Wal-Mart Financial Services has withdrawn its controversial application seeking to start its own bank.
The retailer is one among 14 companies including the Home Depot with applications before the Federal Deposit Insurance Corp. to establish what are called industrial loan corporations, or ILCs. In January, the FDIC delayed a decision on the pending applications.
Various banks, unions and consumer organizations have opposed letting giant retailers into the loan business out of concern they would drive out local financial institutions.
Wal-Mart President Jane Thompson explained why her firm withdrew its application, which it first filed in 2005, rather than wait any longer:
“Unlike dozens of prior ILC applications, Wal-Mart’s has been surrounded by manufactured controversy since it was submitted nearly two years ago. At no stage did we intend to use the ILC to establish branch banking operations as critics have suggested — we simply sought to reduce credit and debit card transaction costs,” Thompson said.
“Wal-Mart’s financial services already save customers over $245 million a year so they can live better. Since the approval process is now likely to take years rather than months, we decided to withdraw our application to better focus on other ways to serve customers. We fully intend to continue to introduce new products and services that champion those who deserve convenient, lower priced financial services.”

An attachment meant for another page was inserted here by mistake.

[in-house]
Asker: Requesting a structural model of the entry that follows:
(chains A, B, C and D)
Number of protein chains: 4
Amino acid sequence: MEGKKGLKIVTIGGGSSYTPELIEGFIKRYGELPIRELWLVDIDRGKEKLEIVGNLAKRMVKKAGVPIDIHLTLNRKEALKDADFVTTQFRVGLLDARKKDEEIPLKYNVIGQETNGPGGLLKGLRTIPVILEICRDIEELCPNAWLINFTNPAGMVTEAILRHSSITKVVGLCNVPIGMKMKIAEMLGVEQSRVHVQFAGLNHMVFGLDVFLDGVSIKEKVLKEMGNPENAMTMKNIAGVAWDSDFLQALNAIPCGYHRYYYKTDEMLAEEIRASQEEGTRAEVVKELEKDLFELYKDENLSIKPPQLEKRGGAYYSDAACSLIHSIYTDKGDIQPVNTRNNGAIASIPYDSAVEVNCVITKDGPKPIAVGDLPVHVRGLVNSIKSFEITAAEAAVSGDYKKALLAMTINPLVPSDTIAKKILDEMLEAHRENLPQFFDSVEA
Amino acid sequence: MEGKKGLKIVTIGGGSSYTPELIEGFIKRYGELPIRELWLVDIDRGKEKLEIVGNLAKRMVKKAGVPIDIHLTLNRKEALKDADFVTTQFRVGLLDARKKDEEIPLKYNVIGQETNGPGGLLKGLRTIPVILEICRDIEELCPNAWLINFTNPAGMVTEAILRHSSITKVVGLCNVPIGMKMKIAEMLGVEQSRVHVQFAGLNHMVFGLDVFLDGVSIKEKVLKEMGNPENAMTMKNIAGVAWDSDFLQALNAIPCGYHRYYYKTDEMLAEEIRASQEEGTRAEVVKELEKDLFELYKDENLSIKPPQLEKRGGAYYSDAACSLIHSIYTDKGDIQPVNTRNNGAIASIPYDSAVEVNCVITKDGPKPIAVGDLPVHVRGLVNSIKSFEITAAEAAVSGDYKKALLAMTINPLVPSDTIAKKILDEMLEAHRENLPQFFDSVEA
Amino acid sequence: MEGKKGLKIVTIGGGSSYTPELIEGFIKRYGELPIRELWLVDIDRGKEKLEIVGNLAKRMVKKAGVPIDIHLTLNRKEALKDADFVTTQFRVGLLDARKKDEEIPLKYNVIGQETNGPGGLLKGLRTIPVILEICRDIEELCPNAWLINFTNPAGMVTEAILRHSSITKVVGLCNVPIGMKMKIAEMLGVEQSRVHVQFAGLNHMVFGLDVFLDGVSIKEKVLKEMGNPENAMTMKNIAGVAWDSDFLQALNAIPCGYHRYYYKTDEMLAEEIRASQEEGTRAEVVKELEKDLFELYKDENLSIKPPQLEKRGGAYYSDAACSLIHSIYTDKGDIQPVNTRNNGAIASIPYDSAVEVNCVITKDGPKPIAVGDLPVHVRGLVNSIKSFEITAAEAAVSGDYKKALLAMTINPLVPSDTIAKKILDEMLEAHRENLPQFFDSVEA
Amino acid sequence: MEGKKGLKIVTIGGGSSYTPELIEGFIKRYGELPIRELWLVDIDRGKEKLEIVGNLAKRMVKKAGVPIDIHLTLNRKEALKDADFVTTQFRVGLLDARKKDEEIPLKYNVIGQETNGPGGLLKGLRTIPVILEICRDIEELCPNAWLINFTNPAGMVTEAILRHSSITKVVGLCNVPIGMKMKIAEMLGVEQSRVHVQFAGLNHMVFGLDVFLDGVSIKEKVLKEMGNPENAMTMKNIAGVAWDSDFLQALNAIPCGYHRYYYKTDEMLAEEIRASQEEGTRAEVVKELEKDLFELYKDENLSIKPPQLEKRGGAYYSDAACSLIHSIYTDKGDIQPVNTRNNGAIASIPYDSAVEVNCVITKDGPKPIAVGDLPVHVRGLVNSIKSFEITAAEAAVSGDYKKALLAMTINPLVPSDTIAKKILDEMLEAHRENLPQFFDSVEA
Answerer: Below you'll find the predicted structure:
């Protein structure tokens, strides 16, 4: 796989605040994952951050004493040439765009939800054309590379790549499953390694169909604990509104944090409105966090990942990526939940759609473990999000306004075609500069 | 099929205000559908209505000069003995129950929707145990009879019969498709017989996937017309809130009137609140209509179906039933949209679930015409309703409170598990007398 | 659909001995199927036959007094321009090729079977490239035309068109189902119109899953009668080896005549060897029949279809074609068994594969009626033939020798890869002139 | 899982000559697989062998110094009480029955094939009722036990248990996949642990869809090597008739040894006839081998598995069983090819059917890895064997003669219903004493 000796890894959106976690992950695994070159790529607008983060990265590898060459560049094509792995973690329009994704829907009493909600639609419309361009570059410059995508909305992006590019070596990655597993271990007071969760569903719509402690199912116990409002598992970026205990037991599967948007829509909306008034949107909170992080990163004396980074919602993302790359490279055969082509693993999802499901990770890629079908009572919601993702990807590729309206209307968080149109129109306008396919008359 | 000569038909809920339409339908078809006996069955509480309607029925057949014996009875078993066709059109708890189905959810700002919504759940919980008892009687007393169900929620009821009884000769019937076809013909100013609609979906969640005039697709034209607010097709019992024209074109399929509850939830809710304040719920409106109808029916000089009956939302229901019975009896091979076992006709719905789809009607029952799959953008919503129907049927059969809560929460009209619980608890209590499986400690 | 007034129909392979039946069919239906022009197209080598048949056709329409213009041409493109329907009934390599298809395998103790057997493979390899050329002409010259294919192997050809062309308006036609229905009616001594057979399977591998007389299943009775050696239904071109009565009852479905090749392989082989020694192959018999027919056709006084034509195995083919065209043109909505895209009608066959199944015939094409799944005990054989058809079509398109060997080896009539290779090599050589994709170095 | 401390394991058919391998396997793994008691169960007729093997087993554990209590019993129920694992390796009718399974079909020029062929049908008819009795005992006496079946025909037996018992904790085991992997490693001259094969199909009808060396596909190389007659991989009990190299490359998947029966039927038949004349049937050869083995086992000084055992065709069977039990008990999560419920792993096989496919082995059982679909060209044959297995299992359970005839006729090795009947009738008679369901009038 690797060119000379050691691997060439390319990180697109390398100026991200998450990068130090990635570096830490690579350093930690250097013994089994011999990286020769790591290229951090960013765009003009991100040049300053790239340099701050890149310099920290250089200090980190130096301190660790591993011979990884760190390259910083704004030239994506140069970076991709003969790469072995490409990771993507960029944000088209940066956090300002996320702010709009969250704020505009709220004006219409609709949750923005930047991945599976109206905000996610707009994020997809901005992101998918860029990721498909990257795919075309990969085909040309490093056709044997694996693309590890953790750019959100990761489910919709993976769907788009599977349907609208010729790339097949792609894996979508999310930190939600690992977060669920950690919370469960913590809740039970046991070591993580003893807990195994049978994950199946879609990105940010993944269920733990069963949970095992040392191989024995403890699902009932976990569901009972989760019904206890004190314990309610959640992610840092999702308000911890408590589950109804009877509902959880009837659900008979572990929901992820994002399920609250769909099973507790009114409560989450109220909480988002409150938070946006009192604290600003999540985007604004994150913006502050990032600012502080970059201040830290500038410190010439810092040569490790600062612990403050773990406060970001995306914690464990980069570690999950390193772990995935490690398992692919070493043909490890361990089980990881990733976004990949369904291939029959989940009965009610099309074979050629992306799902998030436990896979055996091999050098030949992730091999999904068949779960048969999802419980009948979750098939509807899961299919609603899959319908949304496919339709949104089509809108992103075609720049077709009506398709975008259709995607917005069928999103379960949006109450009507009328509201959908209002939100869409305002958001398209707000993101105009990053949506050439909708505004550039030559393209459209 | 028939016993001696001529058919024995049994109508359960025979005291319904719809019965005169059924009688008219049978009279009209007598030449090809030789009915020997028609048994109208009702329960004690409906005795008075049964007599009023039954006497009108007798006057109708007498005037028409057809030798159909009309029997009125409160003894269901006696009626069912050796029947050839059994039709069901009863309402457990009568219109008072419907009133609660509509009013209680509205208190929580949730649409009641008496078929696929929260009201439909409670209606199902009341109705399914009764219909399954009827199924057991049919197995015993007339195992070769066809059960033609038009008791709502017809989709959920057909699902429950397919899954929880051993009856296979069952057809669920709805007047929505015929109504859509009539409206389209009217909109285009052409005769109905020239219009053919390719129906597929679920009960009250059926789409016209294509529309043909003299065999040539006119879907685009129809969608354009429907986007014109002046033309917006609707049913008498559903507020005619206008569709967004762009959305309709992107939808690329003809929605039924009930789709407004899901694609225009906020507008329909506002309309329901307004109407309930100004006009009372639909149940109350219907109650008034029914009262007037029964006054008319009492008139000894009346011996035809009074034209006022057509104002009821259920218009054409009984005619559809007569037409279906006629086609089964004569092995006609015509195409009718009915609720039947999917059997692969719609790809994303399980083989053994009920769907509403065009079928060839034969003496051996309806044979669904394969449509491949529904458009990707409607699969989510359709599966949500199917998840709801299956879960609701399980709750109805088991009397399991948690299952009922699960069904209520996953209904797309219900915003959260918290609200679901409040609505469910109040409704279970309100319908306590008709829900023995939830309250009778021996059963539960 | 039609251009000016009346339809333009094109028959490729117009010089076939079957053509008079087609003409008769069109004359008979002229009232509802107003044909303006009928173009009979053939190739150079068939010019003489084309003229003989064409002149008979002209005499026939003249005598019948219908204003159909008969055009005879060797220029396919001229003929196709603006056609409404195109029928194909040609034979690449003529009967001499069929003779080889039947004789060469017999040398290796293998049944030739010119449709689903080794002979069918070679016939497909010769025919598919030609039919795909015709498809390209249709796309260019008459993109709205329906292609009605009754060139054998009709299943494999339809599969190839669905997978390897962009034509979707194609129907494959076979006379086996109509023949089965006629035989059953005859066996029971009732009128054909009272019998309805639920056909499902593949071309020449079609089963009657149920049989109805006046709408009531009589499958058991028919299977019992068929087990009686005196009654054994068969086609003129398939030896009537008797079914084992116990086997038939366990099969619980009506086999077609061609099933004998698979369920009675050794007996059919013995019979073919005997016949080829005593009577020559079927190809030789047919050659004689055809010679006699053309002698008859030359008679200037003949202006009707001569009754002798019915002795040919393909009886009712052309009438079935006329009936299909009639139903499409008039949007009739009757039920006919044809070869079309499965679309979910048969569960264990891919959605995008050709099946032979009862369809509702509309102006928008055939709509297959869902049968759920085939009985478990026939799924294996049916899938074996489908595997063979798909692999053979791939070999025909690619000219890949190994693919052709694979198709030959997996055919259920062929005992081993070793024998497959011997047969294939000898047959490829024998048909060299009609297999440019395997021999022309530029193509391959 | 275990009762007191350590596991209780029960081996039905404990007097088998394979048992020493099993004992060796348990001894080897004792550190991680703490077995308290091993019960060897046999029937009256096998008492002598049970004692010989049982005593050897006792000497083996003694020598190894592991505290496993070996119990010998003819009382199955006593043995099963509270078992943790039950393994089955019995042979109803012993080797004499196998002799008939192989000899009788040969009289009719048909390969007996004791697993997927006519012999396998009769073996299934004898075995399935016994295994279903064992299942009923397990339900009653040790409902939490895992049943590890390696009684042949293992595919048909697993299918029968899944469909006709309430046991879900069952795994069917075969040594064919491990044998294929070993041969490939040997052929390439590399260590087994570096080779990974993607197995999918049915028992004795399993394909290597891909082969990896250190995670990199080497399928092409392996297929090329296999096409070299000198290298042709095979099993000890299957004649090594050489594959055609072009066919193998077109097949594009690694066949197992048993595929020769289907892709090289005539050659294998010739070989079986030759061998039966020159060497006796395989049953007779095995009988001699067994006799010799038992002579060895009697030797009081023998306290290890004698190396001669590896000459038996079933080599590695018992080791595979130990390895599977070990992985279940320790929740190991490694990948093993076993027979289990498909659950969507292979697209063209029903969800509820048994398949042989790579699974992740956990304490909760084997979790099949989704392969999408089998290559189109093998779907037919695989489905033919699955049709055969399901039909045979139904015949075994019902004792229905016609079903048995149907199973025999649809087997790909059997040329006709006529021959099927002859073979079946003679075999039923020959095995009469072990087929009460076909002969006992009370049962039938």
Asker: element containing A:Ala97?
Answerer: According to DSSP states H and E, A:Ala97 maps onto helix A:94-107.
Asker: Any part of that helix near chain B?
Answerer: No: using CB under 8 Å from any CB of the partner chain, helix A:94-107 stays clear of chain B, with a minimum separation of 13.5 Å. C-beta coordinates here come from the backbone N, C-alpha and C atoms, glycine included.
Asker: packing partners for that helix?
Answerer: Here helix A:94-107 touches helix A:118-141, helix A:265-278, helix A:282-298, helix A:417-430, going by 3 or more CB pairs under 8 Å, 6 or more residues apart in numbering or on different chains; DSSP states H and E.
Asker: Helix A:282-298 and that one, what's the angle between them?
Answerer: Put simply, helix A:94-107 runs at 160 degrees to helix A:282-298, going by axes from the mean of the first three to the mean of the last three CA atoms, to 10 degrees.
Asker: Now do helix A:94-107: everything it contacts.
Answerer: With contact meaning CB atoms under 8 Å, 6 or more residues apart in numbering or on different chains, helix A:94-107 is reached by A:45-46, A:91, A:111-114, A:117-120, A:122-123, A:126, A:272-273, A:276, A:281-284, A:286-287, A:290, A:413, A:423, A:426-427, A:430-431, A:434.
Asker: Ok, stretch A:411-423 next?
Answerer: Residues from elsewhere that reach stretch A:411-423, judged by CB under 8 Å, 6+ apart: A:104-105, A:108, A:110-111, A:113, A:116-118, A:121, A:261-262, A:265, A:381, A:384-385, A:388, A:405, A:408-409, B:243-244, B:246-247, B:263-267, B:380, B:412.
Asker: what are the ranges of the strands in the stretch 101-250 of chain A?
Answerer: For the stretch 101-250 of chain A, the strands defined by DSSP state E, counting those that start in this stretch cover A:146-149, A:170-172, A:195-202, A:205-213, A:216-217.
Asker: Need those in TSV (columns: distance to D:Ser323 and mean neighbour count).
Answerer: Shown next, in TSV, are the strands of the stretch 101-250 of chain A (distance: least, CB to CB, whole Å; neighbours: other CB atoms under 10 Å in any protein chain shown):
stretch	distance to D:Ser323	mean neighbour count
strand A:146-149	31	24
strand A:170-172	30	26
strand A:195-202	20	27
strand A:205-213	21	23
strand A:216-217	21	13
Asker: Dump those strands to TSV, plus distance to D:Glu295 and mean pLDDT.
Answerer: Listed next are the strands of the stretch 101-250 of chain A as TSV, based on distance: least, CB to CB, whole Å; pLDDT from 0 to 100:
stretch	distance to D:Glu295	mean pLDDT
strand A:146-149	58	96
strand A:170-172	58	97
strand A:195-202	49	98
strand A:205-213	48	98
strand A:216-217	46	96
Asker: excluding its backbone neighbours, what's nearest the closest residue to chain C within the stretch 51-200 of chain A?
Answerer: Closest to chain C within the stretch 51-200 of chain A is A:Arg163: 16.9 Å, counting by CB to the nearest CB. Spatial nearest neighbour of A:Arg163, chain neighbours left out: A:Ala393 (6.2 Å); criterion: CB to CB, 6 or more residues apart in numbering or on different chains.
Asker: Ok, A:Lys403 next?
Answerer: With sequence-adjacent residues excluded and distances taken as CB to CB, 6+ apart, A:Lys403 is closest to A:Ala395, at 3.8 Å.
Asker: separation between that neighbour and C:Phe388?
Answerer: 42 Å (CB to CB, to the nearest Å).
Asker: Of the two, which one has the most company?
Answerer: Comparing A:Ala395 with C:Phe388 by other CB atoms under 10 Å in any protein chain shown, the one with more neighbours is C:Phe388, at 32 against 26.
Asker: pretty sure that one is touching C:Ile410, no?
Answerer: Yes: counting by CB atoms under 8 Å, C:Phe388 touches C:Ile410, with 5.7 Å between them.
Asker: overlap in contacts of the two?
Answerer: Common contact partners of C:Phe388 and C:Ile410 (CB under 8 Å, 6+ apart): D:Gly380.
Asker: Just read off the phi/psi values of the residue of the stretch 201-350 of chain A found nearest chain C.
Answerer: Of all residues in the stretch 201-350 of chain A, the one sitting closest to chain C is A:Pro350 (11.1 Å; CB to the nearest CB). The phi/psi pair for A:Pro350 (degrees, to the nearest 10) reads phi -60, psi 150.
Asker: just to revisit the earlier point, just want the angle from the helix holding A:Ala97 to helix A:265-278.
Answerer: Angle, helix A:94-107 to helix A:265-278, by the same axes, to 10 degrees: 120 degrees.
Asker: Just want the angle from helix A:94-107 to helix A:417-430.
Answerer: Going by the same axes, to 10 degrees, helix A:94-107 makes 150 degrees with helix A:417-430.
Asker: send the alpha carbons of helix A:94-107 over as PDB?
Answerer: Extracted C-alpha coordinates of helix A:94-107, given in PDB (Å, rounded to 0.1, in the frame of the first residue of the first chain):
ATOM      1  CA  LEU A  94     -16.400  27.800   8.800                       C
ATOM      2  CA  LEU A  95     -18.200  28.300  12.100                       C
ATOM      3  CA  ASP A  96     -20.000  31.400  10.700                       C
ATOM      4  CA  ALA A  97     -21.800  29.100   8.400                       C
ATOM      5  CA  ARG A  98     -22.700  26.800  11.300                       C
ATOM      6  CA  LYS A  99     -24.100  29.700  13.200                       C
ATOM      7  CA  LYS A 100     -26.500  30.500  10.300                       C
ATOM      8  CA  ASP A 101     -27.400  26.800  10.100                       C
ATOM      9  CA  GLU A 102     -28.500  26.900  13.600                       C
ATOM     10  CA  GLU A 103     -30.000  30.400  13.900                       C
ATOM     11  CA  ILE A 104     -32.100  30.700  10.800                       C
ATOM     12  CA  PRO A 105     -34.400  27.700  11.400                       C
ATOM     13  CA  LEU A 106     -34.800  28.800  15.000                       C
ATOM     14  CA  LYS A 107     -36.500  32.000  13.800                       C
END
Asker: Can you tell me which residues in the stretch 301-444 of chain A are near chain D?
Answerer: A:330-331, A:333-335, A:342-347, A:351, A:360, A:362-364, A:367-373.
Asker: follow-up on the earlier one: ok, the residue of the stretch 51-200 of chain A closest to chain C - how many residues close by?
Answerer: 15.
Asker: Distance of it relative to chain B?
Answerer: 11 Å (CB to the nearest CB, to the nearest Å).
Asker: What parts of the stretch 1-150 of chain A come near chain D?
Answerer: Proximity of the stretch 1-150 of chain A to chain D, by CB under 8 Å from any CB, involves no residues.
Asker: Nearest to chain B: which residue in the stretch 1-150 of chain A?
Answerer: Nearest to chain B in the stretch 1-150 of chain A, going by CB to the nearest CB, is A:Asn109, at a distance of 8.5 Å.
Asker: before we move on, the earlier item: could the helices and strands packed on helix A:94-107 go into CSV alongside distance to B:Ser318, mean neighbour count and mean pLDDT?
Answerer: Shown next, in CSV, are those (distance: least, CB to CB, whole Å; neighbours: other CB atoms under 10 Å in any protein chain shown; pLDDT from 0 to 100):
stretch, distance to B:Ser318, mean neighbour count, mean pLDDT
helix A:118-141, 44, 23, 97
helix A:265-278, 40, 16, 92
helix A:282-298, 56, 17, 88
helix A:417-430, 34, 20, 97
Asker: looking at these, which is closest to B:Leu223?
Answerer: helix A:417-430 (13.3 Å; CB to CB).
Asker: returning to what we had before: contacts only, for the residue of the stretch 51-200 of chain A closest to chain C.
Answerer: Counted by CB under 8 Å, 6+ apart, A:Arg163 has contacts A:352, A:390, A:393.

There are now 61 ILCs with a total of about $141 billion in assets and $98 billion in deposits. Thirty-three are based in Utah, one of only seven states that grant charters for such banks. The banks are allowed to issue credit cards, take deposits and make loans. They cannot offer standard checking accounts if the bank’s assets exceed $100 million.
In addition to Wal-Mart and The Home Depot Inc., companies awaiting FDIC approval to establish ILCs include Berkshire Hathaway Inc., The Blue Cross and Blue Shield Association, automakers Ford Motor Co. and DaimlerChrysler AG, and information services provider Ceridian Corp.
Bankers applauded Wal-Mart’s withdrawal.
“Wal-Mart’s withdrawal of its ILC application is a welcome development, but we urge Congress to continue its work to close the ILC loophole once and for all. The central concern in the ILC debate – the separation between banking and commerce – remains, even with today’s announcement,” The American Bankers Association said in a statement.
The ABA supports the Gillmor-Frank legislation that would ban all commercial ownership of ILCs.
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